As reported at the time, a city contractor tore down David Furry’s 891-square-foot house at 610 Sherman St. on Jan. 27. Since then I’ve tried to find out more about it, and I still have a question.
It is this: Regardless of the reasons cited, where does an Albany official get the authority to demolish somebody’s house? The answer has to be in the part of the municipal code on buildings that the city building official has declared to be dangerous. At least that’s what you would think.
Which brings us to Section 18.28.02o in the Albany Municipal Code: “Abatement of dangerous buildings, structures, and premises.” All such places, the code says, “shall be abated by repair, rehabilitation, demolition, or removal in accordance with the procedures specified herein.”
So what are these specified procedures? “These standards shall be followed by the building official and by the Board of Appeals in ordering the repair or demolition of any derelict or dangerous building… (1) Any condition that results in a building … being declared a dangerous building … shall be repaired in accordance with the current building code … or (2) the building or structure shall be demolished at the option of the building owner, subject to issuance of a demolition permit by the Building Division.”
At the option of the owner, it says. There’s nothing in the code that says any city official can order the demolition if the owner does not choose that option. It’s implied, certainly, but you’d think that the confiscation and destruction of somebody’s home — no matter how poor a home it might have been — requires a plainly stated authorization in law, and maybe even an order by a judge.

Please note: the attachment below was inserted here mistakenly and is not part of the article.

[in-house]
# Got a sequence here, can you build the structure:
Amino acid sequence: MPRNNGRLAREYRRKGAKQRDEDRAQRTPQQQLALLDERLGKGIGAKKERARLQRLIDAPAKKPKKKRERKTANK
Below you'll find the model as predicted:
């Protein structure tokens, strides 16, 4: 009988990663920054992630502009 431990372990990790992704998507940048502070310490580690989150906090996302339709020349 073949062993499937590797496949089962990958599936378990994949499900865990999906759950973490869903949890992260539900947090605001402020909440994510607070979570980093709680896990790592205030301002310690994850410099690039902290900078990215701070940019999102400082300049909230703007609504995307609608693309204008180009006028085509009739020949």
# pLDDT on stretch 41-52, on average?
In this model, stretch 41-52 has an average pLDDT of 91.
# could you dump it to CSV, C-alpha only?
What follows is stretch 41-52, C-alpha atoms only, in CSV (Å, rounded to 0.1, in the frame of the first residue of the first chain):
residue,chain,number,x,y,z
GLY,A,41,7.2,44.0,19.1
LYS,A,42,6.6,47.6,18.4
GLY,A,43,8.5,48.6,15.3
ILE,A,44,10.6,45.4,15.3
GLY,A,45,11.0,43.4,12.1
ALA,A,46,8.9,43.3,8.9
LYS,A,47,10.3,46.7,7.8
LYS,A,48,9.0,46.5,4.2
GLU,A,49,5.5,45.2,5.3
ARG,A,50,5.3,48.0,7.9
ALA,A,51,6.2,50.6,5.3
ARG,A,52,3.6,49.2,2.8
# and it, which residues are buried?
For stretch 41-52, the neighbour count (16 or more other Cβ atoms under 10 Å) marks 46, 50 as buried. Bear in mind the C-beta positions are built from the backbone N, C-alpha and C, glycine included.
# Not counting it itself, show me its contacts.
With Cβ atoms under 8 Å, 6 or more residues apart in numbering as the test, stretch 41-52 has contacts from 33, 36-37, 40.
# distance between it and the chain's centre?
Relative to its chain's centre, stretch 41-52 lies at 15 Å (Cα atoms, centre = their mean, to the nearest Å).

In Oregon, even confiscating a firearm from a person posing an imminent risk requires a judge’s order. But houses can be taken because the police say it’s dangerous?
The city council, as the Albany Revitalization Agency, is getting a report on this and other code enforcement actions when it meets at 5:15 Wednesday (tonight).
The report from code compliance officer Kris Schendel says the city plans to foreclose on the now-empty lot to recover its costs. The costs include $14,100 billed by Apex Property Clearing for the demolition, plus thousands of dollars more for repeatedly boarding up the place, and a meth inspection by a Portland lab that found contamination in three spots.
Taxes on the property have not been paid for the last four years. The question is whether anybody will buy the lot if he has to pay both the city’s liens plus more than $5,000 in taxes owed. (hh)